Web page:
Neither guard beside him was able to fare much better as Williams mounted one of the finest single-handed displays you will ever see from a defensive tackle. That performance came from a 4-3 front, as Buffalo had already gone away from the 3-4 that was ill-suited to their personnel.
Big things were expected of Williams last year, but an injury plagued his season before eventually shutting him down.
But now that we’ve had a little review of Williams so far, why should we expect him to be any better in 2012? The new additions to that defensive front will open things up in a huge way.
Many made the connection that Mark Anderson will be big in keeping some of the attention away from Mario Williams, but think what Anderson, Williams and Dareus will do for keeping attention away from Kyle Williams.
When he single-handedly tore through the Steelers' offensive line, the other three players on that defensive line were Dwan Edwards, Chris Kelsay and Marcus Stroud. None of those players were going to demand extra attention, but any of the three he now finds himself playing alongside could on a given day.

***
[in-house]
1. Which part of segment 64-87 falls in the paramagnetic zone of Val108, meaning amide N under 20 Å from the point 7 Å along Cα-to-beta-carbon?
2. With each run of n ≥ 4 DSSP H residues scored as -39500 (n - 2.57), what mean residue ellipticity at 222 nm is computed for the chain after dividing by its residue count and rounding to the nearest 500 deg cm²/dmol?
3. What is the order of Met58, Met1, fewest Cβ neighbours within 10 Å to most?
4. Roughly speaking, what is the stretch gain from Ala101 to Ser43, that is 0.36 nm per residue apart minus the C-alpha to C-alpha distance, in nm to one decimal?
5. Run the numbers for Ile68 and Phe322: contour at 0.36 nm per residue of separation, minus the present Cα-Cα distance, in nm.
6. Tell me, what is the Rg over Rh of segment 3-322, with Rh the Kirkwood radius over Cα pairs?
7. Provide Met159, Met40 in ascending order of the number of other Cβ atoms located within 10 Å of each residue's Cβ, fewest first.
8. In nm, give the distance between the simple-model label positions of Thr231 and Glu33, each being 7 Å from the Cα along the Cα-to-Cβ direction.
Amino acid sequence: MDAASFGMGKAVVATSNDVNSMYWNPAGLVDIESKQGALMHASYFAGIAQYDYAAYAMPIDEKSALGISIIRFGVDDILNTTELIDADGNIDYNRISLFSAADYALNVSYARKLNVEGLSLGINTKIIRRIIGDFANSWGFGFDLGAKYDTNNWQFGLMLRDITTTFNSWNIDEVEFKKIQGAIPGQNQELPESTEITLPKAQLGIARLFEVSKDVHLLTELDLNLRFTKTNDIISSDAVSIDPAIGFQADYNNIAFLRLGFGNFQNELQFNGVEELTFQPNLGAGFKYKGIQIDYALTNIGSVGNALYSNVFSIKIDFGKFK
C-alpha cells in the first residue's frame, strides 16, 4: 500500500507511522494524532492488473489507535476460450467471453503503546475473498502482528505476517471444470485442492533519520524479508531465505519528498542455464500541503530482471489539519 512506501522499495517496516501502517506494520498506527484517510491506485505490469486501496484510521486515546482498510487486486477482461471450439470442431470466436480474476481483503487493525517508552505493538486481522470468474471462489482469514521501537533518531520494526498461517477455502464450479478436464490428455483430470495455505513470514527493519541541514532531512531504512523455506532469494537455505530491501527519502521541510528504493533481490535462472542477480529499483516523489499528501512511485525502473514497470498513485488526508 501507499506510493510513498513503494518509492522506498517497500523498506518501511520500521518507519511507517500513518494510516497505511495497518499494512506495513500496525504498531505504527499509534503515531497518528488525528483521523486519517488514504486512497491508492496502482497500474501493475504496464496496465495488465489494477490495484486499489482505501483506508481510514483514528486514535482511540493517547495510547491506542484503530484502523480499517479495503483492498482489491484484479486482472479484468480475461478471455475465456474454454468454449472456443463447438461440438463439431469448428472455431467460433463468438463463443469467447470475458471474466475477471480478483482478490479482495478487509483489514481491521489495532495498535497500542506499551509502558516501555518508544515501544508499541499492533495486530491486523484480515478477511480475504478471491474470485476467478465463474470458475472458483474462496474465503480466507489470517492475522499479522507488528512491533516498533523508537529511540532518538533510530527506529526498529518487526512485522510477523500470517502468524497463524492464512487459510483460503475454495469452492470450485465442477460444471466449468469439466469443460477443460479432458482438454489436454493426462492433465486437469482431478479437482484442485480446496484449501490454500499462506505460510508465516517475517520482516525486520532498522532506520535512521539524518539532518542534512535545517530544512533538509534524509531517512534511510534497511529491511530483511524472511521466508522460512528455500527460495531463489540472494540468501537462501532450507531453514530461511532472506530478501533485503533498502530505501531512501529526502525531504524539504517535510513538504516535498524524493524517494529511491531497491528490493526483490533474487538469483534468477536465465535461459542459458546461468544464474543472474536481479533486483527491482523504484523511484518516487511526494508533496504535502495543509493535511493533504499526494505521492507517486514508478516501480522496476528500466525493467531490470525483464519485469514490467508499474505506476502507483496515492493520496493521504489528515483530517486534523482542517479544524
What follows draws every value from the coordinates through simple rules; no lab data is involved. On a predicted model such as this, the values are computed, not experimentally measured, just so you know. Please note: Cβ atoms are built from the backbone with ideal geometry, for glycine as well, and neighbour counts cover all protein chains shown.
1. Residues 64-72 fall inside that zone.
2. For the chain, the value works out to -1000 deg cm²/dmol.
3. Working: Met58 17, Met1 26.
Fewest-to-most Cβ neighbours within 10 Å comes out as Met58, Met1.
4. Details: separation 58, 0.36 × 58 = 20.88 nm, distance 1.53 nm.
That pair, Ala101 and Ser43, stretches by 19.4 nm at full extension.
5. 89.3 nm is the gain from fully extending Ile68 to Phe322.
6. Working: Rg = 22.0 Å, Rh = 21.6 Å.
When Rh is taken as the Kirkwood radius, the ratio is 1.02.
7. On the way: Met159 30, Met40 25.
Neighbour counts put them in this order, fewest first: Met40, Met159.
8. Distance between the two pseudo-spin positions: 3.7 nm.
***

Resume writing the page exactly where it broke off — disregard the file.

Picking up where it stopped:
Williams is going to see more one-on-one matchups than he has ever seen before, and if he returns to his 2010 form, he was virtually unblockable one on one. There are few guards in the NFL that can match his initial burst off the line, but also cope with the quickness and leverage he has.
Williams has that rare strength, much like Justin Smith, to be able to lock onto a lineman and simply toss them to the side or walk them into the backfield if he wants. There aren’t too many players that can absorb that brute force and counter it with their own.
Mario Williams was the big-name free agent, and Marcel Dareus is the highly touted draft prospect, but Kyle Williams is the player that is most likely to benefit by the talent added to that new 4-3 front, and with just one gap to control and one guy left to block him, he will be a feature in the opponent’s backfield all season long.
Kyle Williams is set to explode in the new Buffalo defense.